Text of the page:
Note This story was last updated at 9:38 a.m. Sept. 25.
A federal judge in Knoxville on Tuesday said a critical decision made in 2016 for enriched uranium operations at the Y-12 National Security Complex, including for the $6.5 billion Uranium Processing Facility, violated a national environmental law, and she ordered the decision vacated, or set aside.
The UPF is already under construction, and Wedenesday morning, the National Nuclear Security Administration, which oversees work at Y-12, said construction will continue.
The 104-page opinion and order was filed in U.S. District Court on Tuesday by Chief U.S. District Judge Pamela L. Reeves.
One of the plaintiffs said the decision to vacate the amended record of decision published in the Federal Register in 2016 means the NNSA no longer has the legal authority to continue construction work at UPF.
But the NNSA said it was pleased that the court’s memorandum opinion rejected almost all of the plaintiff’s claims regarding National Environmental Policy Act violations related to UPF construction.
“However, with the court agreeing that there was inadequate consideration of new information concerning seismic hazards at Y-12, NNSA will review the seismic analysis while conferring with the Department of Justice on the possibility of appeal,” the NNSA said. “In the meantime, construction of UPF will proceed.”
Besides the amended record of decision, Reeves said supplement analyses prepared in 2016 and 2018 also violated the National Environmental Policy Act, or NEPA, and she said they were to be set aside as well.
In her ruling, Reeves ordered the NNSA to conduct more environmental studies, including one of earthquake hazards at Y-12 using updated seismic information.
The UPF is a multi-building facility described as the federal government’s largest construction project in Tennessee since World War II. It’s expected to be completed by 2025 at a cost of no more than $6.5 billion. It will consolidate enriched uranium work and replace some old buildings at Y-12, which was built to enrich uranium for atomic bombs during World War II.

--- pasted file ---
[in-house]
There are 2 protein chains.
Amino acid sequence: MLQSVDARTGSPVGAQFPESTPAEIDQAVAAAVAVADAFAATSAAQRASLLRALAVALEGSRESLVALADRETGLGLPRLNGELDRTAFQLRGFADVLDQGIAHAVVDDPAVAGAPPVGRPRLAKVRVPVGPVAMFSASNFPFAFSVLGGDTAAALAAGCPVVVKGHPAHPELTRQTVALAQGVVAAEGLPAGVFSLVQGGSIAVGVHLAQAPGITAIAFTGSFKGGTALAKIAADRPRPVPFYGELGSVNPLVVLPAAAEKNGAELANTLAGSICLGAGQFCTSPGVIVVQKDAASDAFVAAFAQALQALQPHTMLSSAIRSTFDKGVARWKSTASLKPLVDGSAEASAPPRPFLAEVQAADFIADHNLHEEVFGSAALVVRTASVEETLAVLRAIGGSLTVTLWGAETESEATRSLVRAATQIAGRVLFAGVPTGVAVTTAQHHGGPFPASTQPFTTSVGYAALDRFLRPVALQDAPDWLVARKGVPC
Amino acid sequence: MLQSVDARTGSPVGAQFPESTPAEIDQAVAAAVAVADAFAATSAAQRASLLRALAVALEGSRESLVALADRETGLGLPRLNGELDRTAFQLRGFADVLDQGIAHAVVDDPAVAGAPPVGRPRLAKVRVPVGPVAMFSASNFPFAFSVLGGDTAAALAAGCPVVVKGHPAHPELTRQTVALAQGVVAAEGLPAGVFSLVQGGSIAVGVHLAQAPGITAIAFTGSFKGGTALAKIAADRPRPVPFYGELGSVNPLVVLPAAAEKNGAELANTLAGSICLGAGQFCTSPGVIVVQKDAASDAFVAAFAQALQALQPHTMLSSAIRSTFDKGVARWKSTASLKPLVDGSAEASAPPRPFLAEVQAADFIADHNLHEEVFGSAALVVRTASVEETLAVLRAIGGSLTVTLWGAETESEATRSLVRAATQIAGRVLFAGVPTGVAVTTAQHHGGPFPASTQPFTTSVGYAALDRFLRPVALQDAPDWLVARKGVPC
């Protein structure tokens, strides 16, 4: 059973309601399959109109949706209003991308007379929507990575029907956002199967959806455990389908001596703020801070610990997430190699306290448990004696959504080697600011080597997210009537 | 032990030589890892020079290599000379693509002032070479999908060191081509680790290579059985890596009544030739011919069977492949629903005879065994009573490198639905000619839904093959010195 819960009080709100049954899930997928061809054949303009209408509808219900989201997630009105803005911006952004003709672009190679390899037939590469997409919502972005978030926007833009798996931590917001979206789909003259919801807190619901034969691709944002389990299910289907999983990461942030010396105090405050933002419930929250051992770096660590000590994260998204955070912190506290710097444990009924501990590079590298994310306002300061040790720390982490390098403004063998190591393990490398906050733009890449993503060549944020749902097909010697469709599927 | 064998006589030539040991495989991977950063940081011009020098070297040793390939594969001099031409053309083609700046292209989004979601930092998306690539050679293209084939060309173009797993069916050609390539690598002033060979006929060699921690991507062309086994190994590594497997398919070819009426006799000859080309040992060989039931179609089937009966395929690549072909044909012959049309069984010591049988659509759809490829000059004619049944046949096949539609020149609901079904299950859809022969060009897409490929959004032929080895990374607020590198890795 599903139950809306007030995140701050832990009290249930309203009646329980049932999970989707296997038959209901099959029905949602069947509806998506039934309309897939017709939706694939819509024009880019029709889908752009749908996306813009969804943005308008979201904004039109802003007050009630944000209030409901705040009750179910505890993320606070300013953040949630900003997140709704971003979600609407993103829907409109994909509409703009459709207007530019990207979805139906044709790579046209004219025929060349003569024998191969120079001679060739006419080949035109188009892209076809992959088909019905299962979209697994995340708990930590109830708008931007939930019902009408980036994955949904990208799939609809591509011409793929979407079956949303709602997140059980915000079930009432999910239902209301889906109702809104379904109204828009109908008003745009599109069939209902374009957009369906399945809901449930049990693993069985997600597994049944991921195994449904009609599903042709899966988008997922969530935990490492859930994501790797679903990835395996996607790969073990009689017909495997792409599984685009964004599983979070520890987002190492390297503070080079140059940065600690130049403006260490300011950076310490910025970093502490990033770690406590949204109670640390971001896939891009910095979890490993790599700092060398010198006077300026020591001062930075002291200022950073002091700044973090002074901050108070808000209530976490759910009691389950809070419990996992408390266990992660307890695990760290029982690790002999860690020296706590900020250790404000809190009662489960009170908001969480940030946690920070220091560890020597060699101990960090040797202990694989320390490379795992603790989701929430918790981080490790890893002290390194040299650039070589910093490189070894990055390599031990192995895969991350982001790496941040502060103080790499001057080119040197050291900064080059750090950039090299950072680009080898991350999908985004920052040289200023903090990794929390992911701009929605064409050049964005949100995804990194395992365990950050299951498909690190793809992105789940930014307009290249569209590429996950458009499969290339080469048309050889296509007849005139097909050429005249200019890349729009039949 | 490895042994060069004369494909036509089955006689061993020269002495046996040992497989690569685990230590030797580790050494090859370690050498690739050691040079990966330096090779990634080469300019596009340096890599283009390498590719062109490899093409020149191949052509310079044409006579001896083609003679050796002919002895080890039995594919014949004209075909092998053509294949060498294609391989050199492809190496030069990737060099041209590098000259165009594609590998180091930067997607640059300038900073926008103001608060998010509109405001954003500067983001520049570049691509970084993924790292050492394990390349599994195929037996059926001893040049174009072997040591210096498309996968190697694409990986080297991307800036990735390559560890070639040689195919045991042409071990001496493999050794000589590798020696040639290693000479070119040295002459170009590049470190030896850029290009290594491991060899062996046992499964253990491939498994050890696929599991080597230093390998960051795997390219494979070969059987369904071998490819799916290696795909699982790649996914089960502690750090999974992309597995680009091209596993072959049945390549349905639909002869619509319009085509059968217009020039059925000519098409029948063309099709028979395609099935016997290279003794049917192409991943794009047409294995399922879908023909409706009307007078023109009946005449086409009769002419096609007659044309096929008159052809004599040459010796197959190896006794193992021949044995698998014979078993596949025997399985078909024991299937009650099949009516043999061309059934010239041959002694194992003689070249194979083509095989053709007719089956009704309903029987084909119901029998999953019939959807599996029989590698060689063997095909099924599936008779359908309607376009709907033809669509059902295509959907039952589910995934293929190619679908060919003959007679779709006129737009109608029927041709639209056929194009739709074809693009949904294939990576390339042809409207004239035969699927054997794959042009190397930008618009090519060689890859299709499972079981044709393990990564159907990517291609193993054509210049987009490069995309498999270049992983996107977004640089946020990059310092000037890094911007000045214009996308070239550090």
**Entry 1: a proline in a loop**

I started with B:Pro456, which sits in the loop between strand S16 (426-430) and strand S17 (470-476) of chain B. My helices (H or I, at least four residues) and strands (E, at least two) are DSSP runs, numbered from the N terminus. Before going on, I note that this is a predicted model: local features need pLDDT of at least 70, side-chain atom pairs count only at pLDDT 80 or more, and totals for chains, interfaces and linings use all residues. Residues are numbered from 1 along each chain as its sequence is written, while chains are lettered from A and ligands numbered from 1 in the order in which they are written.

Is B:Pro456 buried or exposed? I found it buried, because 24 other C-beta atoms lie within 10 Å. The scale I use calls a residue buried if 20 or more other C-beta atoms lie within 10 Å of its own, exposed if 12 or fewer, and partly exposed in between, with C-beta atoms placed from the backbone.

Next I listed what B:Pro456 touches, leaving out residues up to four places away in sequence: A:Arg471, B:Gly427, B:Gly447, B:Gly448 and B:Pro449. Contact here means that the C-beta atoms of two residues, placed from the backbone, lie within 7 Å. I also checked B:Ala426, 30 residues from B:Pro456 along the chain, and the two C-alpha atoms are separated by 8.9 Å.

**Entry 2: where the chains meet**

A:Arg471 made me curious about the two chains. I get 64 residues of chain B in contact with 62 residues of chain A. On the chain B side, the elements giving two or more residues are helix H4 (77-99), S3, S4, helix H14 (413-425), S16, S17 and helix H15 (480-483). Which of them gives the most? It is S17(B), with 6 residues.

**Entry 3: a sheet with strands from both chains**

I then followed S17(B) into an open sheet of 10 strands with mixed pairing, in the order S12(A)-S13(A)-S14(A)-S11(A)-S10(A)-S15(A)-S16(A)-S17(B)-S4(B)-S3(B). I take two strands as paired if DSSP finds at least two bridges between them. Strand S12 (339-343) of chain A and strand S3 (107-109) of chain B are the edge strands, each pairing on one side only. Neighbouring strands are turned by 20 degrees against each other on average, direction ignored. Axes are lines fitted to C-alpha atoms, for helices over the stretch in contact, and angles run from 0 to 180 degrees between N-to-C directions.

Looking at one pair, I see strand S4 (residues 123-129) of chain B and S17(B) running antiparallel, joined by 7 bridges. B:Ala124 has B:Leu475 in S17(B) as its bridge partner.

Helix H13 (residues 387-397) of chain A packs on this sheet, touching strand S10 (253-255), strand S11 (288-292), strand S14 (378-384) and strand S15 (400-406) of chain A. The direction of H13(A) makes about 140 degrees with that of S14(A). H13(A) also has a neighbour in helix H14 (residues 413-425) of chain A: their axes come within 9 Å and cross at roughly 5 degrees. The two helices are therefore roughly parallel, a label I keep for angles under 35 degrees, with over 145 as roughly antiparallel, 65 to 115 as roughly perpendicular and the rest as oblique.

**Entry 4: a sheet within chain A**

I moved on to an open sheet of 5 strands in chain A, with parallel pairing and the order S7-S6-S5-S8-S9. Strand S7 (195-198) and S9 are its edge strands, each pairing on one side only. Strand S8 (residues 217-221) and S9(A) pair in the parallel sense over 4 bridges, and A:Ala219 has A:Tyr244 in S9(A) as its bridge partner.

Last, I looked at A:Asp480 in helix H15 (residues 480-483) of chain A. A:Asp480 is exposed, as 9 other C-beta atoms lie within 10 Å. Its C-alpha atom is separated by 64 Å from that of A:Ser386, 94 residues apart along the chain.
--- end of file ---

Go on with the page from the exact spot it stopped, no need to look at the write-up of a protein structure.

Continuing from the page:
After Tuesday’s decision, the next steps were not immediately clear. Ralph Hutchison, coordinator of the Oak Ridge Environmental Peace Alliance, a plaintiff in the lawsuit, said the plaintiffs will wait to see how the government responds.
The plaintiffs believe the NNSA should abide by the federal’s court ruling, and construction should stop until the NNSA has the proper environmental documents required by law, Hutchison said. He said that would include a new record of decision and other proper paperwork.
“The NNSA should do what we asked them to do several years ago: Prepare a new site-wide environmental impact statement for Y-12,” Hutchison said.
The lawsuit was filed in July 2017. It alleged that DOE and the NNSA had violated the federal environmental law, and it asked for an environmental review of the new UPF design. At one time, UPF was going to be a single building next to the Highly Enriched Uranium Materials Facility at Y-12. It would have consolidated the manufacturing operations in one building. But the 2016 record of decision reported that the UPF, which would now be smaller, would have several buildings, and the NNSA would continue to house some enriched uranium operations in existing buildings, which would be upgraded. That was part of an effort to hold down costs, and it followed a review of the project by a group known as the Red Team.
Hutchison cited two old buildings that he said will continue to be used, 9215 and Beta 2E. They don’t meet seismic standards, among other things, Hutchison said.
When they filed their lawsuit in 2017, the plaintiffs warned that the NNSA did not consider, after the change in the UPF design, the increased odds of large earthquakes and the hazards they might pose to the old buildings. The plaintiffs said new earthquake data published by the U.S. Geological Survey in 2014, after a 2011 record of decision but before the 2016 record of decision, must be considered in the NNSA’s environmental analysis. On Tuesday, Reeves agreed, the plaintiffs said, although she rejected two of their other claims.
“Y-12 is located in a populous and quickly growing part of the country,” the plaintiffs said, citing Reeves’ ruling. “Within the range of possible NEPA cases that might come through this courthouse, the court is hard-pressed to imagine a more dramatic hypothetical than this, where it must contemplate what might occur if a major earthquake struck a nuclear weapons manufacturing facility located in a major population center.”
In her ruling, Reeves said the 2014 map showed a much higher earthquake hazard for all of East Tennessee than previous versions had. And structural reviews of existing buildings at Y-12 by the Defense Nuclear Facilities Safety Board revealed many structural deficiencies in buildings that were now going to remain at the 811-acre nuclear weapons plant, Reeves said.
Besides considering the new information on seismic hazards, the plaintiffs said they want the NNSA to involve the public in any ongoing decision-making process.
The lawsuit was initially filed in U.S. District Court in the District of Columbia, but it was later moved to the Eastern District of Tennessee. Besides OREPA, the plaintiffs included two other public interest organizations—Nuclear Watch of New Mexico and Natural Resources Defense Council of Washington, D.C.— and several individual plaintiffs.
The current defendants are Energy Secretary James Richard “Rick” Perry and NNSA Administrator Lisa E. Gordon-Hagerty.
Read Reeves’ opinion and order here.
More information will be added as it becomes available.
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